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Like most everyone else, you graduated law school with six figures of student debt. Like most everyone else, you didn't end up with a job where you could pay back those loans in a few short years. You might even be struggling to make your monthly payments right now. You may be on an income-based repayment plan and hoping for future loan forgiveness.

Now that Donald Trump has been elected, on a promise to shake up Washington (among other things), what does that mean for your law school loans?

After stagnating for some time, attorney salaries have started to climb in recent years. And that trend should continue in 2017, according to a report by Robert Half Legal. The staffing agency recently released its 2017 Salary Guide and reports that legal professional salaries are expected to rise by an average of 3.6 percent in the coming years.

But, while a rising tide lifts all boats, not every boat is lifted equally. What sort of bump you can expect depends a lot on your workplace, experience, location, and more. Here's how the year ahead might look for you.

Don't Let Debt Concerns Kill Your Dreams of Public Interest Law

With student debts climbing well into the six-figure range, there's a surprising amount of misinformation out there when it comes to financing a legal education. The general feeling is this: corporate BigLaw or bust. This mentality is probably responsible an increasing number of students dropping their ambitions of working in public office to pursue more "practical" law.

But there is hope for the lawyer with more compassion and largess. Consider some of the options below if you are still interested in public interest law. After all, the world needs people like you.

Robo-Lawyer Fighting Homelessness, Making Humans Obsolete

The wunderkind that created the once amusing, now frightening, chatbot-lawyer that has since overturned some 160,000 tickets from London to New York has struck again. This time, he has aimed his ambitions at tackling homelessness in Britain, according to a recent Washington Post piece about him.

This is terrific news for those who are in dire need of legal services because Josh Browder's efforts will no doubt bridge the gap between demand and supply for legal services. But it's terrible news for many lawyers who have traditionally benefitted from hard-set prices in legal services.

ASU Law's New College of Law Building Beckons the Public

Arizona State University's new Sanda Day O'Connor College of Law building is scheduled to be unveiled in just a few short days but if the pictures are any indication, it's going to be a cross between a law school and a community hangout.

The architects who designed the new glassy digs were going for something a little less ivy and brick and a little more modern and integrated. Tomas Rossant, one of the designers, proclaimed that the building is seen as a "mechanism to connect to the urban and social fabric of Phoenix."

America's Veterans Can't Afford Lawyers

It's a tragic reality that many of America's veterans return home only to find themselves homeless, unable to find their place in civilian society. However, if studies by the Department of Veterans Affairs are to be believed, many veterans' issues could be solved with the aid of a competent attorney.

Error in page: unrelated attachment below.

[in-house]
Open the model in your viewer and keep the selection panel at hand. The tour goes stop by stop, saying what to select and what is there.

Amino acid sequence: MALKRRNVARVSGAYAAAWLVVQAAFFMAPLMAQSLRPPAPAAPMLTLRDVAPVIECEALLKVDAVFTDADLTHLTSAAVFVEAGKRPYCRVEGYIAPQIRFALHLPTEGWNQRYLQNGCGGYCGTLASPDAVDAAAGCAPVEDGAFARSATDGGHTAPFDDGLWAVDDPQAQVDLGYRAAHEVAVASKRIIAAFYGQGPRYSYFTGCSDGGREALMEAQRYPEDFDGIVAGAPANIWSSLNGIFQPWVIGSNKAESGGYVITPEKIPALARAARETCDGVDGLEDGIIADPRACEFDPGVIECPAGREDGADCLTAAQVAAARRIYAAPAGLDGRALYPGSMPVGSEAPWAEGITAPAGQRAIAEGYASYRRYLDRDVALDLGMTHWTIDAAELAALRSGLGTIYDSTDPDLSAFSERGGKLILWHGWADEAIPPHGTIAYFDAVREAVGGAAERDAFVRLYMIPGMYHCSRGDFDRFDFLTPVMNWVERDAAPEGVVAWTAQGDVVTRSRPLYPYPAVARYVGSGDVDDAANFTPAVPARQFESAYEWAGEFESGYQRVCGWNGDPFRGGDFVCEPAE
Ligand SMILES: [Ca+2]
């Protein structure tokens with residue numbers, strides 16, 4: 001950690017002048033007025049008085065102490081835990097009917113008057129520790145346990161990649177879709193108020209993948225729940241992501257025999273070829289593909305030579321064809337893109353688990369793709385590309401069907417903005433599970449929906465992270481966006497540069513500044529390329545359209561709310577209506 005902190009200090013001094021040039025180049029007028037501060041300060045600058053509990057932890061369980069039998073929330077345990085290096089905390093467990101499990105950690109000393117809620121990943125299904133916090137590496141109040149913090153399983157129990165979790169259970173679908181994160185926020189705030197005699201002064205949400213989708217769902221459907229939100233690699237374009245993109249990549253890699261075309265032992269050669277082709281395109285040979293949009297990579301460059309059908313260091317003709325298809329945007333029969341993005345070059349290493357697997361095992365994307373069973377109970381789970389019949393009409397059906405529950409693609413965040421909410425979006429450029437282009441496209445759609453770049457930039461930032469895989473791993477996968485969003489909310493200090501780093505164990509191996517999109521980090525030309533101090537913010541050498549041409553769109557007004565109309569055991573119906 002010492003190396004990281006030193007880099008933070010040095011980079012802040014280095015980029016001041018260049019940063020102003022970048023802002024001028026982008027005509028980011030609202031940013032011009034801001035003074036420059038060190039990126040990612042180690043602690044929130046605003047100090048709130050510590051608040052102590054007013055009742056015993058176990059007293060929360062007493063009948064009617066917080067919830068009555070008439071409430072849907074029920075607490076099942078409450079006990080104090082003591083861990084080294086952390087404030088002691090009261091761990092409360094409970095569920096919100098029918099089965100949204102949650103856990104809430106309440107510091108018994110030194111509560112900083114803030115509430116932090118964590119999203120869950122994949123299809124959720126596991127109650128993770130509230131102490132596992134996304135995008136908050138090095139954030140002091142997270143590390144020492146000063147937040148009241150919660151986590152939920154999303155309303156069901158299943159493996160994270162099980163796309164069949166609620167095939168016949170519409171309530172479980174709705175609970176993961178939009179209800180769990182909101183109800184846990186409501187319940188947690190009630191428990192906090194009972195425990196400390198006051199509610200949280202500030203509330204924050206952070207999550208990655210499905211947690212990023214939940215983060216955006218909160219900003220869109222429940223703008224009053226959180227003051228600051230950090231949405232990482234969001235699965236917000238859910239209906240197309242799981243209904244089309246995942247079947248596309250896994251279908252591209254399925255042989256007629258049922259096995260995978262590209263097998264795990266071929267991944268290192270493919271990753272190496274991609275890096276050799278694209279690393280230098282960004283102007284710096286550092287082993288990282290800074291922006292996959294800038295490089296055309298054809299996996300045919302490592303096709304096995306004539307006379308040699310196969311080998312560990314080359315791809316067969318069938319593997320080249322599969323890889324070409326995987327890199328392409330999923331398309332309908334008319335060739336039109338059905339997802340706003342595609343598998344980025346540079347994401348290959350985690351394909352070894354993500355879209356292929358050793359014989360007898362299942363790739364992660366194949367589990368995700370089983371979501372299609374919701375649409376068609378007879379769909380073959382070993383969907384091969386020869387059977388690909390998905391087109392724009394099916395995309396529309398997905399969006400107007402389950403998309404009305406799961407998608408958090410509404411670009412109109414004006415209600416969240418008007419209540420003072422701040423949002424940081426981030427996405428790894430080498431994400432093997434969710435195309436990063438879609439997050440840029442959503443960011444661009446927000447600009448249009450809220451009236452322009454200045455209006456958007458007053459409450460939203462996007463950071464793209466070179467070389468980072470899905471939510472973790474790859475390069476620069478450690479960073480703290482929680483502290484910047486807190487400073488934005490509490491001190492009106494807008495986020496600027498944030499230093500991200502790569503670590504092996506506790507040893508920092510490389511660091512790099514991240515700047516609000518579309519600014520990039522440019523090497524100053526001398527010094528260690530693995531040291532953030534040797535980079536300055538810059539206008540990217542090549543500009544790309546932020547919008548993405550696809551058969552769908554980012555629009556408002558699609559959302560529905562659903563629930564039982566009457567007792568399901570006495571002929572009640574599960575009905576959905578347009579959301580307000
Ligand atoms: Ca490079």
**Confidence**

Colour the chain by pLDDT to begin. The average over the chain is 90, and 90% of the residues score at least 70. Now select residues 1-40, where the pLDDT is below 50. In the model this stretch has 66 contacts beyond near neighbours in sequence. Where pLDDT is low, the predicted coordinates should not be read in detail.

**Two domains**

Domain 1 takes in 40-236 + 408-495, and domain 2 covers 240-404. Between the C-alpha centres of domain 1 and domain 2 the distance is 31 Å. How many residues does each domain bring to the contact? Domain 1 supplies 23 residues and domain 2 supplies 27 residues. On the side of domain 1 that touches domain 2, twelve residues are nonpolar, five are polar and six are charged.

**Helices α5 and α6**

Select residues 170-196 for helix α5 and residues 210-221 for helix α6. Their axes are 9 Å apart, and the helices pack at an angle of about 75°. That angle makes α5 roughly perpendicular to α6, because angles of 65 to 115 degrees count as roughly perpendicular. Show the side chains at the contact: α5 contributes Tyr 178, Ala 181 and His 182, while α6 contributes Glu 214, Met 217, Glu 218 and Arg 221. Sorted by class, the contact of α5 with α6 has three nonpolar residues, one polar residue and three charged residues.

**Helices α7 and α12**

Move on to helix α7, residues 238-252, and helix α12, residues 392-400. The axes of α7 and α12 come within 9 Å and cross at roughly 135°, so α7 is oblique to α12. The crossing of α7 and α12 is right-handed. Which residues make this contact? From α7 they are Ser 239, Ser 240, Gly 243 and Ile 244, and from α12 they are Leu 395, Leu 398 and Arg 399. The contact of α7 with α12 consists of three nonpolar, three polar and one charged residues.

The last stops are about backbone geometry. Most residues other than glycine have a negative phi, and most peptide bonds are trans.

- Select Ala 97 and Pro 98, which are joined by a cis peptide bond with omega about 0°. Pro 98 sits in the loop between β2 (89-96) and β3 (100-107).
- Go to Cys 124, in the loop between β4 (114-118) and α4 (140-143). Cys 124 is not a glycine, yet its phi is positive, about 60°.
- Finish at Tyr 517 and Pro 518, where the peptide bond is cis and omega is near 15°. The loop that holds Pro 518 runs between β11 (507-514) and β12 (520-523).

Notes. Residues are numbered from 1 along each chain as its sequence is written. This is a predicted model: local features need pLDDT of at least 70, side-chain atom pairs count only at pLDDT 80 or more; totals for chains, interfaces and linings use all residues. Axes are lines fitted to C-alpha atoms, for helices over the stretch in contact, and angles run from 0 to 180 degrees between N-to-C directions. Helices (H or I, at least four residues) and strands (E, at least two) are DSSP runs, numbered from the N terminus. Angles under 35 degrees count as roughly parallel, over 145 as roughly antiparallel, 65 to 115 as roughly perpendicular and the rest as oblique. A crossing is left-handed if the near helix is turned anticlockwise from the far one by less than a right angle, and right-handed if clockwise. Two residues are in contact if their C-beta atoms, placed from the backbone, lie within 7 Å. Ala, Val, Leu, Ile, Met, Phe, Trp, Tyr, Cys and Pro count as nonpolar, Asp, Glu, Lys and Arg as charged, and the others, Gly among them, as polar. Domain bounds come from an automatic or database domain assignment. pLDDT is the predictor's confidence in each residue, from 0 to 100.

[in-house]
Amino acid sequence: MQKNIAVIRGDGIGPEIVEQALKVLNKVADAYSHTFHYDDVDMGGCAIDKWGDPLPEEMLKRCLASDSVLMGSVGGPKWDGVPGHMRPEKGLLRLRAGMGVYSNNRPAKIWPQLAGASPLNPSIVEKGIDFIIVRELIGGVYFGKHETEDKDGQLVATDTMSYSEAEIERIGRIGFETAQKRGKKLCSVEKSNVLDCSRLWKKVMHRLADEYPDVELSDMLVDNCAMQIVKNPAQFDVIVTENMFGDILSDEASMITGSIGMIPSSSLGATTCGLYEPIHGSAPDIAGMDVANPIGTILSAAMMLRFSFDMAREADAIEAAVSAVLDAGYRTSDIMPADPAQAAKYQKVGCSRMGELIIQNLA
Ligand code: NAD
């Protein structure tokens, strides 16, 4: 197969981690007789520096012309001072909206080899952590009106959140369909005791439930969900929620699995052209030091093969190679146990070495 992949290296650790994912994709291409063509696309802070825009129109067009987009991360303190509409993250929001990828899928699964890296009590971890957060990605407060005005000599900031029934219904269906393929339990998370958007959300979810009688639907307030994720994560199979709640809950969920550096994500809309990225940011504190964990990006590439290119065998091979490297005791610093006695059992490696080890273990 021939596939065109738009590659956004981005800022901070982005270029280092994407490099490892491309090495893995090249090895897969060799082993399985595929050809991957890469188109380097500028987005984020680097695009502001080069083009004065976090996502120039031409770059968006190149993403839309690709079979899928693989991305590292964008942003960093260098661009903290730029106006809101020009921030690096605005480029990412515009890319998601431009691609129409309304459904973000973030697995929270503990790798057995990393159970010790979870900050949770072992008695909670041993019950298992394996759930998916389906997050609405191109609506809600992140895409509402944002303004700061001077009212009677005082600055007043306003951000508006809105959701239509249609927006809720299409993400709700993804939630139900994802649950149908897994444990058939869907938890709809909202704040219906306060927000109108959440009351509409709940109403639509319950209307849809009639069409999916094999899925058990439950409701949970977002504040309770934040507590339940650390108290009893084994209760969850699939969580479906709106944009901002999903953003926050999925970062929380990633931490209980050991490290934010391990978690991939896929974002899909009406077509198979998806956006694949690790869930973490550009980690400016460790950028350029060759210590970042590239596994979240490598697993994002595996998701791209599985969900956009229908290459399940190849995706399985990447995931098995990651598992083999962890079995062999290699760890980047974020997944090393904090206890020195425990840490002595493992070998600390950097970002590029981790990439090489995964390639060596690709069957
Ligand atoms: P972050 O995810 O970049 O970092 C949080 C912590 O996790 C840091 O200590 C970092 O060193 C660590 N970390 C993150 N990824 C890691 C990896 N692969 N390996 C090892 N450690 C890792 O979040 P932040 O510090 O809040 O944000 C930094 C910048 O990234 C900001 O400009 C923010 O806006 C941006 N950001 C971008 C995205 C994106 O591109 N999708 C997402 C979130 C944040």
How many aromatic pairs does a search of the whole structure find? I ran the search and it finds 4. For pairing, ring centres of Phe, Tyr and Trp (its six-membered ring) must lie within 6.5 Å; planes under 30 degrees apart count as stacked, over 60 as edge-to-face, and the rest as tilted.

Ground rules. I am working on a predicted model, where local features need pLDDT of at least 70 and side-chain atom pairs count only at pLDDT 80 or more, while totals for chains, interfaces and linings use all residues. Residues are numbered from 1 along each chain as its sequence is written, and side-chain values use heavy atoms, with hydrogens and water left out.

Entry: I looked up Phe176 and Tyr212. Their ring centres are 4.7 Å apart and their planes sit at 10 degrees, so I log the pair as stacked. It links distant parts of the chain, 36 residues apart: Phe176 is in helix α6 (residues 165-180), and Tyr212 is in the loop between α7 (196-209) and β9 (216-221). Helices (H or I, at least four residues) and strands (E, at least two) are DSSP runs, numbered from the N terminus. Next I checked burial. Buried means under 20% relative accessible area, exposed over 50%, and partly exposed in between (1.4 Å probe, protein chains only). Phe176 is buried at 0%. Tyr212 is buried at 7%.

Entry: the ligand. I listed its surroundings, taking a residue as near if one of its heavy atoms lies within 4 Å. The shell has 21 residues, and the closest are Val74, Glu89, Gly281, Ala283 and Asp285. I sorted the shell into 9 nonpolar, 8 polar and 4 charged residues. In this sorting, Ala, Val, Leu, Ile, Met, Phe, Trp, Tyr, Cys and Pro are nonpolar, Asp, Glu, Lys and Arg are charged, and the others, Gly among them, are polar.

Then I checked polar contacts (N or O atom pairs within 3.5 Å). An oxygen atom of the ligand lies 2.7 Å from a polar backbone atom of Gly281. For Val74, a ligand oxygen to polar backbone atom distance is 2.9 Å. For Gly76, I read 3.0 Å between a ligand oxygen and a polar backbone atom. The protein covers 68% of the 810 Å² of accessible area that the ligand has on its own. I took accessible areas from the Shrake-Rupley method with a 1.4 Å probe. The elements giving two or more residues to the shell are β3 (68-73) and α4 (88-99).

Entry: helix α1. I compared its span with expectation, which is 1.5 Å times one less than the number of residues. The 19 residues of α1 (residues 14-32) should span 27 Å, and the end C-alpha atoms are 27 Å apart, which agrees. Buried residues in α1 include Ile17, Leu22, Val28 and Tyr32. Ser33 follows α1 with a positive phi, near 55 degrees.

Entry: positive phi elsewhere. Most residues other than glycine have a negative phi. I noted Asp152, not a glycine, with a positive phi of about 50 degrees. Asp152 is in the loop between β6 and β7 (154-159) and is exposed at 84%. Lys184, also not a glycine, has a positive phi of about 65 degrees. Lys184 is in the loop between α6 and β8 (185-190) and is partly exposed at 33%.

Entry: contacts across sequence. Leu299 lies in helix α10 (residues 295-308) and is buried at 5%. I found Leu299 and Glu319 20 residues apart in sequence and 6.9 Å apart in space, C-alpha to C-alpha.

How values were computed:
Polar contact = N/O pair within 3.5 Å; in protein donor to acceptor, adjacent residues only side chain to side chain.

We encourage all attorneys to offer reduced or even free assistance to veterans who are in need of help. If you are unable to help or cannot handle the complexity of the veteran's issue, we have provided a list of additional resources below.

Law Schools Now Offer Money for Early Decision Applicants

Unless you're lucky enough to be a trust fund beneficiary, you will most likely have to consider costs when applying to law schools. One perceived drawback for many students is that early decision applicants generally have fewer merit-based options.

A few schools, however, have decided to offer money to students who undergo the early decision process. They're looking to catch those who would otherwise join the regular applicant pool for fear of missing out on greener pastures.

Law Schools That Won't Drown You in Debt Still Exist

If you're worried about law school debt, you should be. If you attend law school, you may or may not end up with your dream job, but you will certainly end up with a monstrous pile of debt. The good news is that there are still schools out there that are graduating JDs without drowning them in loans. A new list from US News reports features the law schools you may want to consider.

We should point out, however, that the grand majority of the schools on the list aren't exactly the top institutions. And in the highly status-conscious world of law, this may be a make-or-breaker for you.

BigLaw Firm Entices With Extra $100 Monthly Toward Student Loans

The firm of Orrick, Herrington and Sutcliffe announced last Friday something we're hoping will become more standard in the legal community: an extra $100 per month toward student debt.

Like anything, however, there's a catch -- the perk will continue for new associates until they become eligible for their first bonus. Still, who's gonna say no?

Quinn Emanuel Wants to Pay You $35K to Leave Your Summer Job

Do you dislike your summer firm? If you were to stumble upon a new job offer at the end of the summer, would you jump on it?

Fear not, Quinn Emanuel Urquhart & Sullivan is dangling a $35,000 sign-on bonus for lucky associates who join the QEUS team -- after a summer stint at another firm. Regardless of how other firms might feel about this, it could be a valuable opportunity to young lawyers who aren't in love with the firm they chose for their summer gig.